If you’re in the solar-power business, you might hedge against the possibility of a cloudy summer — spend a little money now on a contract that pays off big if there are X days of cloud between June and August. If it’s sunny, you’re out the price of the contract, but you’ve made more in solar-power profits so you’re OK. If it’s cloudy and you’ve no electricity to sell, you probably still lose money, but your cloudy-weather contract pays out so it’s not so bad. Other commodity companies — coffee, oil, you name it — do this all the time by buying and selling inputs and outputs at inflated or reduced prices well in advance, just to have the advantage of certainty, so why shouldn’t energy companies?
The fact that trading weather-based securities was an idea with merit regardless of all the nasty things Enron did is indicated by the fact that nearly all the 50 or so people who worked on Enron’s “weather desk” were snapped up in the months after the company’s collapse, at least according to this 2002 story from Environmental Finance:
But six months on, the majority of Enron’s 50-plus weather team – by far the largest in the market – has found new homes. Rather than depressing activity in the market, brokers say, the dispersal of Enron’s weather team has significantly bolstered existing weather desks, as well as promising to bring new participants into the market.
Perhaps the most significant development is the hire of five Enron employees – including Mark Tawney, the former head of weather at the firm – by Swiss Re. This promises a dramatic increase in activity in the market by the reinsurance giant, an enthusiastic early weather derivatives vendor, but one which scaled back its activities dramatically at the end of 2000. It largely pulled out of the traded weather market, concentrating instead on the structuring of larger, one-off deals for clients.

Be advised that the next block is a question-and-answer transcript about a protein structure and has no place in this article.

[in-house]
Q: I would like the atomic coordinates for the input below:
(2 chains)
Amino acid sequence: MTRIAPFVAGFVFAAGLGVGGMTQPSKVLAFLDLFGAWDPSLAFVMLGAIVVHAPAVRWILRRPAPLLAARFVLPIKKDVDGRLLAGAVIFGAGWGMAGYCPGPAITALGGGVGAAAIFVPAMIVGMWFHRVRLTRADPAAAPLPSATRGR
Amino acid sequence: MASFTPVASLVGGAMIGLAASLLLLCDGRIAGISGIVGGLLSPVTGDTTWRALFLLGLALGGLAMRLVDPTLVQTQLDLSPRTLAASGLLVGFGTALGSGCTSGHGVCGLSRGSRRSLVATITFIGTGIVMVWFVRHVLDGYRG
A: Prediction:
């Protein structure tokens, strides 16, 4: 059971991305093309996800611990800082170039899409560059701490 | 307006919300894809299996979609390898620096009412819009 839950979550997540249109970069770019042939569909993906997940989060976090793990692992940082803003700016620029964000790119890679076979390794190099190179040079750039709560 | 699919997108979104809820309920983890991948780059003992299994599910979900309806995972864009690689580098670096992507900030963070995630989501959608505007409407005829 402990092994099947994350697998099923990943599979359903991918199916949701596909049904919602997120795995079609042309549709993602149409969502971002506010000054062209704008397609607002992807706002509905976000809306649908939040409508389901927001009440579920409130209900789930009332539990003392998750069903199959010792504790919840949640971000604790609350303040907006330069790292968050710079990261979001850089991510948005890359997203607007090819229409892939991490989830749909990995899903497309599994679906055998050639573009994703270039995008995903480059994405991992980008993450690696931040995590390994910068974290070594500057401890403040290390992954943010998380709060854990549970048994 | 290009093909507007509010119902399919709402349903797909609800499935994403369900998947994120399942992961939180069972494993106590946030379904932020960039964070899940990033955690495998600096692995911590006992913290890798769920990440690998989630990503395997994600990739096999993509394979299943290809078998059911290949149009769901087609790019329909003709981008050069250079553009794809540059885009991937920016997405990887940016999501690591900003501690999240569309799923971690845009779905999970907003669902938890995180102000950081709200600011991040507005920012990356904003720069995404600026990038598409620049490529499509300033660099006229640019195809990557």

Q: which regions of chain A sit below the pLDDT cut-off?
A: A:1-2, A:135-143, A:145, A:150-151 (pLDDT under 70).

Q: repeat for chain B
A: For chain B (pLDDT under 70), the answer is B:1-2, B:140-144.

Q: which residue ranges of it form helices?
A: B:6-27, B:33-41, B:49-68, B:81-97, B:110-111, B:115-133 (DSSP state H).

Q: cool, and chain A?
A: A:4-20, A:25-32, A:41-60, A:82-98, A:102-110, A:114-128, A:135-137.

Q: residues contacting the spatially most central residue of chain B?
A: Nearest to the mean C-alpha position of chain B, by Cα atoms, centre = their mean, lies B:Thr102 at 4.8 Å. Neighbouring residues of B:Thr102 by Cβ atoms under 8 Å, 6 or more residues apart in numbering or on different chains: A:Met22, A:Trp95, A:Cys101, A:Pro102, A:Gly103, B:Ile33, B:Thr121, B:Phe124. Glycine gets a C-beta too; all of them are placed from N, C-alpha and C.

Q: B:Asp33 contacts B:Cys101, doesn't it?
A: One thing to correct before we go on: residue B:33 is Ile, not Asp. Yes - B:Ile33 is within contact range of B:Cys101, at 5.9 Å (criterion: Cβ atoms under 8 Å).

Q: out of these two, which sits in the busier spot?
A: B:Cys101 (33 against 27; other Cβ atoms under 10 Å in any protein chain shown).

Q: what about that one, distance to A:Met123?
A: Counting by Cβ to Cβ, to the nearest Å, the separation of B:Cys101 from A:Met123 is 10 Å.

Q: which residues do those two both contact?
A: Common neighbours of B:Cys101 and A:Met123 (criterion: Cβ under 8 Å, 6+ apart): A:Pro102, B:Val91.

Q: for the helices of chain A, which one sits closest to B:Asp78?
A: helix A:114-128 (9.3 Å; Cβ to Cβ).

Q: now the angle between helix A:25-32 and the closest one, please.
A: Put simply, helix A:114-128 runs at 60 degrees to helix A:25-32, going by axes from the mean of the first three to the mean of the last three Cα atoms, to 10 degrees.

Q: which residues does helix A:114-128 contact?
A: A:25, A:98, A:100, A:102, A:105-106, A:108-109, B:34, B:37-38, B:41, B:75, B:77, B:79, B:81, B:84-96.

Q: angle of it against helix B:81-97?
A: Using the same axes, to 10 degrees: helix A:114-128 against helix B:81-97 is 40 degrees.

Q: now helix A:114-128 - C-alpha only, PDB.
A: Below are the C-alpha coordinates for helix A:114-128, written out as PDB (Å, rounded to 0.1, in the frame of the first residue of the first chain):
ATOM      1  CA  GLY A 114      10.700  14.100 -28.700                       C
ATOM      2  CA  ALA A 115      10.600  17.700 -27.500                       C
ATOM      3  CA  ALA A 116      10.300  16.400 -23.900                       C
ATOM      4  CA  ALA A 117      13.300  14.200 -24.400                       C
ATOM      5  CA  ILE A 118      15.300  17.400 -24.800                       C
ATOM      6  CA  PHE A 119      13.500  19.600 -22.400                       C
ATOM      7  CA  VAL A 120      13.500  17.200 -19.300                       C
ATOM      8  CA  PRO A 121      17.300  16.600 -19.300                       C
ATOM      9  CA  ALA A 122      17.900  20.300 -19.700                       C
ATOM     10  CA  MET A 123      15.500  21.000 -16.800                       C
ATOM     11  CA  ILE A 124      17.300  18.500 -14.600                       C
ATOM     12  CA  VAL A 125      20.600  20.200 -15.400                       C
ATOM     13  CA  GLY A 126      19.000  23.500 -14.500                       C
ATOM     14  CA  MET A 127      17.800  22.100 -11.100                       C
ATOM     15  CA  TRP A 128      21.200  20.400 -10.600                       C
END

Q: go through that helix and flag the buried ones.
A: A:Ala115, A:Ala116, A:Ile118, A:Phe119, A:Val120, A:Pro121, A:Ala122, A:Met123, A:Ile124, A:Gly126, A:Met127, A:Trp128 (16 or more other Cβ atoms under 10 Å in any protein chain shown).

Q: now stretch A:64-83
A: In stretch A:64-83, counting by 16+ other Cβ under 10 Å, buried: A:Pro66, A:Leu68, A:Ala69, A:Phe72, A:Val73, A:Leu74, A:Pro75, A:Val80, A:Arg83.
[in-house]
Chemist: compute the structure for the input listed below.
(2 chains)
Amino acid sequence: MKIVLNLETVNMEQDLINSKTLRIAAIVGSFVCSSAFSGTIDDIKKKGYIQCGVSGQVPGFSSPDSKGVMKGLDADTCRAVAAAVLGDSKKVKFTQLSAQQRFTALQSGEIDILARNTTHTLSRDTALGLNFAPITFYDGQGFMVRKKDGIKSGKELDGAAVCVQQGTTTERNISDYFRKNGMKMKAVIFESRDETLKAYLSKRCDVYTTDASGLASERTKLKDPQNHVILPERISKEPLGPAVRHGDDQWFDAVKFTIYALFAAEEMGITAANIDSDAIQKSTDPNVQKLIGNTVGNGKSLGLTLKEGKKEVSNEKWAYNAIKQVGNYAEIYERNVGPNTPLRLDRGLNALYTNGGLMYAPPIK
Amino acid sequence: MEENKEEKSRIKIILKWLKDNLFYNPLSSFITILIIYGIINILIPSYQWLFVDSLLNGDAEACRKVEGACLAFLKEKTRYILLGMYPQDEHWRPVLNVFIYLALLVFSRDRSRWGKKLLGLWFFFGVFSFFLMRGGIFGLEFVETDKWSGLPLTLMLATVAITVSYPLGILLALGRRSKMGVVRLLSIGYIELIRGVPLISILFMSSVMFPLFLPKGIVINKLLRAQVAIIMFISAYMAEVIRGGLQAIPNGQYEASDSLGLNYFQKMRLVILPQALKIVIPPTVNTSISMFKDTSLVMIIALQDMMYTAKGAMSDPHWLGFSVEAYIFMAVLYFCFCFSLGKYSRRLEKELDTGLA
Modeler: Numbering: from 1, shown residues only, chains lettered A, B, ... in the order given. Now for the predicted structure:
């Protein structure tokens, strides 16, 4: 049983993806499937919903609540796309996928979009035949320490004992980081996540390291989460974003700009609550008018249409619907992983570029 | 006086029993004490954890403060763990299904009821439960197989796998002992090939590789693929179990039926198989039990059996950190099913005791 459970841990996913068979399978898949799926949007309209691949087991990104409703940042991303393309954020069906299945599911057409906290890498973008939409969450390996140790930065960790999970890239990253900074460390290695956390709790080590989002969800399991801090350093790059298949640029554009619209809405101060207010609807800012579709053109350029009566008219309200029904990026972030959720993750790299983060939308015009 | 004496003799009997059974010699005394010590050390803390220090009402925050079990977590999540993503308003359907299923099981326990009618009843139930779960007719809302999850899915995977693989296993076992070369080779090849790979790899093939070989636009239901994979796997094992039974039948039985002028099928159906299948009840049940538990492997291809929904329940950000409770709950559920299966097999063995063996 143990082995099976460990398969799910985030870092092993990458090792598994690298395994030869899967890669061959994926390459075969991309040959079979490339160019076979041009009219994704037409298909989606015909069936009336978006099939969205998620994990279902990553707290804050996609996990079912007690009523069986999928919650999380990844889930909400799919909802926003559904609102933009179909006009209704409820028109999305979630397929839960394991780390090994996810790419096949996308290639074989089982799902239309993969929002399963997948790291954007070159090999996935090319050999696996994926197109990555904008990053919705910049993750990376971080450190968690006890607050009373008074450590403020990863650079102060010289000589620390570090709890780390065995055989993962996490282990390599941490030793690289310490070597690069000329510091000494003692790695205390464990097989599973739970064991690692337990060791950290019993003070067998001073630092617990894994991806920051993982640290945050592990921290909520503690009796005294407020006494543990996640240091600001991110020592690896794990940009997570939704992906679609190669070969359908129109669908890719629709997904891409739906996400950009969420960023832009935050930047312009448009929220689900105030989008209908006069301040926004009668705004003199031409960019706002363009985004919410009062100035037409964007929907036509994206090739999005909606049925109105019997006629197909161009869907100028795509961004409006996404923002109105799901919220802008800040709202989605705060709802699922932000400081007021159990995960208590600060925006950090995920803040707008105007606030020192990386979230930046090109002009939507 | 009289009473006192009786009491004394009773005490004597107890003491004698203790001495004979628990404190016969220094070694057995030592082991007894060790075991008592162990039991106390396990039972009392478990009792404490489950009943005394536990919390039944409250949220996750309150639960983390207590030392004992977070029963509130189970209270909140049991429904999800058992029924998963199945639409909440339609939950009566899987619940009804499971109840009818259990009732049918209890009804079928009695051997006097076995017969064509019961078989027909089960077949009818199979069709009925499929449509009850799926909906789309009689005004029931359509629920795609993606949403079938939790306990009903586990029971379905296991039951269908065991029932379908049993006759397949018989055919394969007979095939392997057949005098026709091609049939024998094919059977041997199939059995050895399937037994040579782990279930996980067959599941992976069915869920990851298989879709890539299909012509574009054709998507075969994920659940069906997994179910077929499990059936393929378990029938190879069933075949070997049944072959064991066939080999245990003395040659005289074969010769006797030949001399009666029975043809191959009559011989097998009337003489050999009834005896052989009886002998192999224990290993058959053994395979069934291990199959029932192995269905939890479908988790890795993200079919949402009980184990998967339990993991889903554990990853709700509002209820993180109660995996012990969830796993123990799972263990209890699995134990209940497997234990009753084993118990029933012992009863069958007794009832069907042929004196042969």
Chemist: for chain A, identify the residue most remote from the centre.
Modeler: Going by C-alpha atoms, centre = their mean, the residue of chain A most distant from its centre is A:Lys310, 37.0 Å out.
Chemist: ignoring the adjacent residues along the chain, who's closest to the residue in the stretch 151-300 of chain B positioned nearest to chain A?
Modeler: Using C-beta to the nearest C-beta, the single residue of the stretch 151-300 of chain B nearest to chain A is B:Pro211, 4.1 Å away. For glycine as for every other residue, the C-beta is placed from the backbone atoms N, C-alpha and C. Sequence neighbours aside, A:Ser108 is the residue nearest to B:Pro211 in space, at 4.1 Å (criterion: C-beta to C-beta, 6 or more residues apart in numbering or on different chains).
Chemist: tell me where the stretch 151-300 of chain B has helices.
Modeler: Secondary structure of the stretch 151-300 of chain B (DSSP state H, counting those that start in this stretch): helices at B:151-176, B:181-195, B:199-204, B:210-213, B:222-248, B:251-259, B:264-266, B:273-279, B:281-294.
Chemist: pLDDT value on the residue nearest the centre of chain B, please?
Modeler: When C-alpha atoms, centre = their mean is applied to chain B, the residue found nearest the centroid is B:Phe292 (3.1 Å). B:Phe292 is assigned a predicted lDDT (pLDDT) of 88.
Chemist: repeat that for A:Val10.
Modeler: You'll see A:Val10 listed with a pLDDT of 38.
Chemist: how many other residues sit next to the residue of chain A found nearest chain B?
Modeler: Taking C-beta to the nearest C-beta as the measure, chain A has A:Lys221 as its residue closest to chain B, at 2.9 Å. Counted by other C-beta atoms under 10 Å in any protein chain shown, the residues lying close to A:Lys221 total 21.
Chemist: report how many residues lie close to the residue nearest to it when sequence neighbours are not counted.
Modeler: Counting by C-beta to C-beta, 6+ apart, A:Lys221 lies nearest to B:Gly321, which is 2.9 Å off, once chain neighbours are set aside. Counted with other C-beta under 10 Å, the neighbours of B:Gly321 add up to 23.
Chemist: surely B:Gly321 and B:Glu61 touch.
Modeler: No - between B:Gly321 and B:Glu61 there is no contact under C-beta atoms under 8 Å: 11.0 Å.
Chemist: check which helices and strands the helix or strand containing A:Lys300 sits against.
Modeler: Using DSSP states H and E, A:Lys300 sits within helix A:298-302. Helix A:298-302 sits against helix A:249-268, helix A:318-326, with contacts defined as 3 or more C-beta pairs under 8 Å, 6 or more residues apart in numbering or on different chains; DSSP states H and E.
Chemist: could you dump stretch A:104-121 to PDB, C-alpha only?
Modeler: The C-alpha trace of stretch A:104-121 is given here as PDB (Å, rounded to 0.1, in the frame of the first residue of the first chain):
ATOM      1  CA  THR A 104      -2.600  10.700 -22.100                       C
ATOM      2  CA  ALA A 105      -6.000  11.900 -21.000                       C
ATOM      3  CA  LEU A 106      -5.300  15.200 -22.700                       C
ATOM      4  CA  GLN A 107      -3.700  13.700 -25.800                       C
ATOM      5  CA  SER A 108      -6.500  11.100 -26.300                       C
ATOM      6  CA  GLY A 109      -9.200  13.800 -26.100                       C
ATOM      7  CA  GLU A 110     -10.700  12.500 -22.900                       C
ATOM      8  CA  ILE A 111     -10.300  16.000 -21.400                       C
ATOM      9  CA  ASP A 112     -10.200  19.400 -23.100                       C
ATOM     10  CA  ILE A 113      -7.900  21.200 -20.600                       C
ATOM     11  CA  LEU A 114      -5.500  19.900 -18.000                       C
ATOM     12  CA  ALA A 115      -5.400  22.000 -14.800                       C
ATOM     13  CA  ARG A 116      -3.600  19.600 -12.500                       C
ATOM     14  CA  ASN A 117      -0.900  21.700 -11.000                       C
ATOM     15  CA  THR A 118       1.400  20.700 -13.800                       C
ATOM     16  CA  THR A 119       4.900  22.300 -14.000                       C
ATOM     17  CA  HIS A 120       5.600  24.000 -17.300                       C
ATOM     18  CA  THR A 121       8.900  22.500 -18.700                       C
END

But a rethink at the firm coincided with the availability of staff following Enron’s collapse.“ Swiss Re has been in the weather business for three and a half years and was in the process of identifying steps that would ensure it would become a more effective player in the market when the team came to our attention,” says Phil Lotz, co-chief operating officer of Swiss Re Financial Products (SRFP).
In the U.S., the Chicago Mercantile Exchange has a weather-derivatives market, but it’s all short-term — season-to-season at most, not 50 years down the line.
For the rest of us, as Jeffrey writes, it sure would be useful to have a trackable market in climate futures, so we could see what the big players are predicting.
But we’re talking about contracts that come to fruition in 20 years, or 50, or 100, not at a political convention next summer. Given the thin trading even in short-term weather futures, it seems unlikely we’d see big market plays in long-term climate predictions by giant companies such as Swiss Re. Even more unlikely is the prospect of a “toy” market like the University of Iowa’s, since agreeing to operate one is a decades-long commitment for the benefit of, at best, a couple of hundred interested amateurs. Once the money’s in, the market operator has to see it through to the end.
I think practical problems are going to sink this idea.